Market definition with Characteristics and Types

Market is a public place where buyers and sellers make transactions, directly or via intermediaries. Also sometimes means the stock market. It is an actual or nominal place where forces of demand and supply operate, and where buyers and sellers interact (directly or through intermediaries) to trade goods, services, or contracts or instruments, for money or barter.

Markets include mechanisms or means for:

(1) determining price of the traded item,

(2) communicating the price information,

(3) facilitating deals and transactions, and

(4) effecting distribution.

The market for a particular item is made up of existing and potential customers who need it and have the ability and willingness to pay for it.

Market Characteristics

An industry or market can be analyzed for its attractiveness to a particular company or organization on a number of different characteristics. The list below presents some of the more significant market characteristics that should be considered.

  • Current market size
  • Projected market growth rate
  • Number of competitors, level of fragmentation
  • Intensity of competition
  • Technological skills required
  • Production/operations skills required
  • Capital requirements
  • Other barriers to entry
  • Seasonal and cyclical factors
  • Industry profitability and returns
  • Social, political, regulatory and environmental factors
  • Strategic fits with other businesses already owned.

Types of market

In economics, market types (also known as the number of firms producing identical products).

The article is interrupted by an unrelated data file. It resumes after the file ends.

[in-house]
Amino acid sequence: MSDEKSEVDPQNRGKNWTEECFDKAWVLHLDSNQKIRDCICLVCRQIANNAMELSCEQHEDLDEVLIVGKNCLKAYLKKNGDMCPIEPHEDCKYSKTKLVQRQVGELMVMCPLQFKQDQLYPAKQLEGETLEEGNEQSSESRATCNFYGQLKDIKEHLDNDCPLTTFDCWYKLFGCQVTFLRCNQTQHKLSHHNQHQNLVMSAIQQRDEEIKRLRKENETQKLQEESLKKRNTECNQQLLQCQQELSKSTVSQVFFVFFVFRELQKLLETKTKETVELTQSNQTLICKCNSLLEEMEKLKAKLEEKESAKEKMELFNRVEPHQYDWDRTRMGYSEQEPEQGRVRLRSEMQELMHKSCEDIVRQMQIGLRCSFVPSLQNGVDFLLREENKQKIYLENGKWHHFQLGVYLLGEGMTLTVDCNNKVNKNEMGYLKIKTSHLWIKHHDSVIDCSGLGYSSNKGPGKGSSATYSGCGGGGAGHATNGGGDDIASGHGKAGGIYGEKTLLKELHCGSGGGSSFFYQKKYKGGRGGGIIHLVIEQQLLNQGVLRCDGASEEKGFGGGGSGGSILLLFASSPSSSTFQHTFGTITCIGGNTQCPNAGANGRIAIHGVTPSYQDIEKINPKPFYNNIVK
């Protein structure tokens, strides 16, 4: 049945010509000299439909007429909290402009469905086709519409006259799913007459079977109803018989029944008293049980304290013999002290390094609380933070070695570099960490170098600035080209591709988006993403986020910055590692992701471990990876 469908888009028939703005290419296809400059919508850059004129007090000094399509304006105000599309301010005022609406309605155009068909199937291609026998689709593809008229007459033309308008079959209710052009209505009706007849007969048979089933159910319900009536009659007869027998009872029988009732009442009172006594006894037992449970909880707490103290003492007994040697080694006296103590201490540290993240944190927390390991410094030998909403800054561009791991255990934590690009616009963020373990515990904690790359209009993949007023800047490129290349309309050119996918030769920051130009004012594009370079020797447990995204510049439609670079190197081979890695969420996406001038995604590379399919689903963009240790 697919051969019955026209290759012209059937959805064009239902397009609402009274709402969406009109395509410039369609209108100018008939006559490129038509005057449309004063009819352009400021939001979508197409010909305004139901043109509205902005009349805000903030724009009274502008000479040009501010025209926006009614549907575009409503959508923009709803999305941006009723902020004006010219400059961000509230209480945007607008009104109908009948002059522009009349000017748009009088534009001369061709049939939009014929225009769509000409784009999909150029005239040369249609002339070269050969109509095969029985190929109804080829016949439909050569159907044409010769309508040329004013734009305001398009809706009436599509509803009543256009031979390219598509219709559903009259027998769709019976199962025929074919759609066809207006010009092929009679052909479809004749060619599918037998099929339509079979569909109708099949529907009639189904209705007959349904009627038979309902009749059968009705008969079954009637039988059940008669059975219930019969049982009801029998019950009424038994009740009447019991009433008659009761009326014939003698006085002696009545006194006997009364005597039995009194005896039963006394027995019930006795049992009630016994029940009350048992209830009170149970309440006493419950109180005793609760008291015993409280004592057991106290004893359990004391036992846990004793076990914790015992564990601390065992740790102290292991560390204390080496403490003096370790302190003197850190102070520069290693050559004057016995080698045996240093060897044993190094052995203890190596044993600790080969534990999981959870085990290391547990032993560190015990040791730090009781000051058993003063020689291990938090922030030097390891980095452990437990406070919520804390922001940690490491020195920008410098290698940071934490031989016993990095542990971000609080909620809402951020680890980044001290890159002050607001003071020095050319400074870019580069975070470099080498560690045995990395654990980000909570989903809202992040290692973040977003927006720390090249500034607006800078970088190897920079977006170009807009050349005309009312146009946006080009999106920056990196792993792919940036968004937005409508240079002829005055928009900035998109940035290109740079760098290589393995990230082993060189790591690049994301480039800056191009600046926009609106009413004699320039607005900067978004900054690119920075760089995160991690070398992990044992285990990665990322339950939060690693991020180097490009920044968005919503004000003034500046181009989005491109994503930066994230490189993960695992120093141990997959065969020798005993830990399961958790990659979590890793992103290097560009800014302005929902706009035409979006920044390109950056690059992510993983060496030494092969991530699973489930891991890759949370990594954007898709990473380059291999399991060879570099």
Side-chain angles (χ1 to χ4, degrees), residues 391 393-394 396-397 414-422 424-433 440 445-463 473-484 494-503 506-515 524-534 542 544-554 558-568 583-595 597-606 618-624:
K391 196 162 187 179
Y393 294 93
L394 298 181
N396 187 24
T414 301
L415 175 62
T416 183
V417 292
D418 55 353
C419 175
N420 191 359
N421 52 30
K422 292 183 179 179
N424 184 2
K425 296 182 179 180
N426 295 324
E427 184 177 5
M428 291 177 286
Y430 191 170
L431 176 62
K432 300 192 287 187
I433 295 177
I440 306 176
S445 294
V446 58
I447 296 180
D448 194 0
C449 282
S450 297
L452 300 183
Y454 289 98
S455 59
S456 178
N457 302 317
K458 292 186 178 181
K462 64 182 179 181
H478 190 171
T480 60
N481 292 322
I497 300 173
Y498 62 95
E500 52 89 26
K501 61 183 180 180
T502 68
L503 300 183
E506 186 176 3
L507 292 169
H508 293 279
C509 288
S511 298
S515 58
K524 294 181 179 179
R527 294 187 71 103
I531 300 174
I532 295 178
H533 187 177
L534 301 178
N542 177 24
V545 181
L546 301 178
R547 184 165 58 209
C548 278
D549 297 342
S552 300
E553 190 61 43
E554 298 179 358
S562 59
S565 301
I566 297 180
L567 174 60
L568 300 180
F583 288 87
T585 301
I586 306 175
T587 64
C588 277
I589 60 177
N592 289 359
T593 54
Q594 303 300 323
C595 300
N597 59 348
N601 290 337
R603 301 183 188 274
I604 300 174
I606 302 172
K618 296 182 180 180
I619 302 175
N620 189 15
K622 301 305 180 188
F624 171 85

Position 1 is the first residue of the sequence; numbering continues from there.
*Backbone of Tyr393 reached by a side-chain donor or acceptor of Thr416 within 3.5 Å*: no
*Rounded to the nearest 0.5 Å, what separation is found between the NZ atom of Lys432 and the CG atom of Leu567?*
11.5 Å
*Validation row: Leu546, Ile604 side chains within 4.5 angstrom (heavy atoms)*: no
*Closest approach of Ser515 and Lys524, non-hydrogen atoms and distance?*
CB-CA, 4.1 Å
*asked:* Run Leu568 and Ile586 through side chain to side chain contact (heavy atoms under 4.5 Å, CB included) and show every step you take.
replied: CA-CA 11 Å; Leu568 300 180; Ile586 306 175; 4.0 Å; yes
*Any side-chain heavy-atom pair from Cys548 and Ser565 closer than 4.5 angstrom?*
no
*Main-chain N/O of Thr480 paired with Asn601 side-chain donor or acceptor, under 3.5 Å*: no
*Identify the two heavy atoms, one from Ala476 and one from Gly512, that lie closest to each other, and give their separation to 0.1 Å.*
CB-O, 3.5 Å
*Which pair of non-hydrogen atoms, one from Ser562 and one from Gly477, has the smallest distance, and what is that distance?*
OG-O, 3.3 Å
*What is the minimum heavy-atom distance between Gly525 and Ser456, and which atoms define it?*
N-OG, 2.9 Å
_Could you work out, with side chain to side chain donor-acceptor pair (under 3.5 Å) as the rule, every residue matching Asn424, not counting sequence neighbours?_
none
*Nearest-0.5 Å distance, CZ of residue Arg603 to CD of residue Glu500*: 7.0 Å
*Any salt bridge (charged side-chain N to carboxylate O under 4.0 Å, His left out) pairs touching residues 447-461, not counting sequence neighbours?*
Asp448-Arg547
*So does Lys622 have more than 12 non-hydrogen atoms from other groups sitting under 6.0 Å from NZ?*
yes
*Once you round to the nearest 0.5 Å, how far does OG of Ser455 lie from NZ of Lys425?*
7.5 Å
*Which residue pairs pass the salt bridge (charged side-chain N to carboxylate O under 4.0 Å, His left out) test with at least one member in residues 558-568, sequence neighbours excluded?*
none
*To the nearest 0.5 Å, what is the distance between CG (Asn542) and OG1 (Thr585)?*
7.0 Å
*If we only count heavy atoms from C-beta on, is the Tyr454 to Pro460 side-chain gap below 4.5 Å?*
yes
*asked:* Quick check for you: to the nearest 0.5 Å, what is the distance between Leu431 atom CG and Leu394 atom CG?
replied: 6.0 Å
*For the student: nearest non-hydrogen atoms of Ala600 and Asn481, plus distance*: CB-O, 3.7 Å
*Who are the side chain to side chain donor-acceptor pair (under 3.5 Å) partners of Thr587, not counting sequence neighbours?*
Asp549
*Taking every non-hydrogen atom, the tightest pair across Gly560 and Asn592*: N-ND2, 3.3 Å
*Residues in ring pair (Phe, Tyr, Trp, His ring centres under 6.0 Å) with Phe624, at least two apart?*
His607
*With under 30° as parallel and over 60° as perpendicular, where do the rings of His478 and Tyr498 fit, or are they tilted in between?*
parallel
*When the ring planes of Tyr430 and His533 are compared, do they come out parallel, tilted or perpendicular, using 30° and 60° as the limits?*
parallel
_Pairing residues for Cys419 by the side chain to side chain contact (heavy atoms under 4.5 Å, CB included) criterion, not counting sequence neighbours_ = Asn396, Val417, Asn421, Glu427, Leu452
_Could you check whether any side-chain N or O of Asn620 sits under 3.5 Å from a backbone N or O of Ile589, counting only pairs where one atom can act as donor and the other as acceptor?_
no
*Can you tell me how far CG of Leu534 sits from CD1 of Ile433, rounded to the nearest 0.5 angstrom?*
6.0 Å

• Monopolistic competition also called competitive market, where there are a large number of firms, each having a small proportion of the market share and slightly differentiated products.
  • Oligopoly, in which a market is dominated by a small number of firms that together control the majority of the market share.
  • Duopoly, a special case of an oligopoly with two firms.
  • Monopoly, where there is only one provider of a product or service.
  • Natural monopoly, a monopoly in which economies of scale cause efficiency to increase continuously with the size of the firm. A firm is a natural monopoly if it is able to serve the entire market demand at a lower cost than any combination of two or more smaller, more specialized firms.
  • Perfect competition is a theoretical market structure that features unlimited contestability (or no barriers to entry), an unlimited number of producers and consumers, and a perfectly elastic demand curve.

The elements of Market Structure include the number and size distribution of firms, entry conditions, and the extent of differentiation.

These somewhat abstract concerns tend to determine some but not all details of a specific concrete market system where buyers and sellers actually meet and commit to trade. Competition is useful because it reveals actual customer demand and induces the seller (operator) to provide service quality levels and price levels that buyers (customers) want, typically subject to the seller’s financial need to cover its costs. In other words, competition can align the seller’s interests with the buyer’s interests and can cause the seller to reveal his true costs and other private information. In the absence of perfect competition, three basic approaches can be adopted to deal with problems related to the control of market power and an asymmetry between the government and the operator with respect to objectives and information:

(a) subjecting the operator to competitive pressures,

(b) gathering information on the operator and the market, and

(c) applying incentive regulation.


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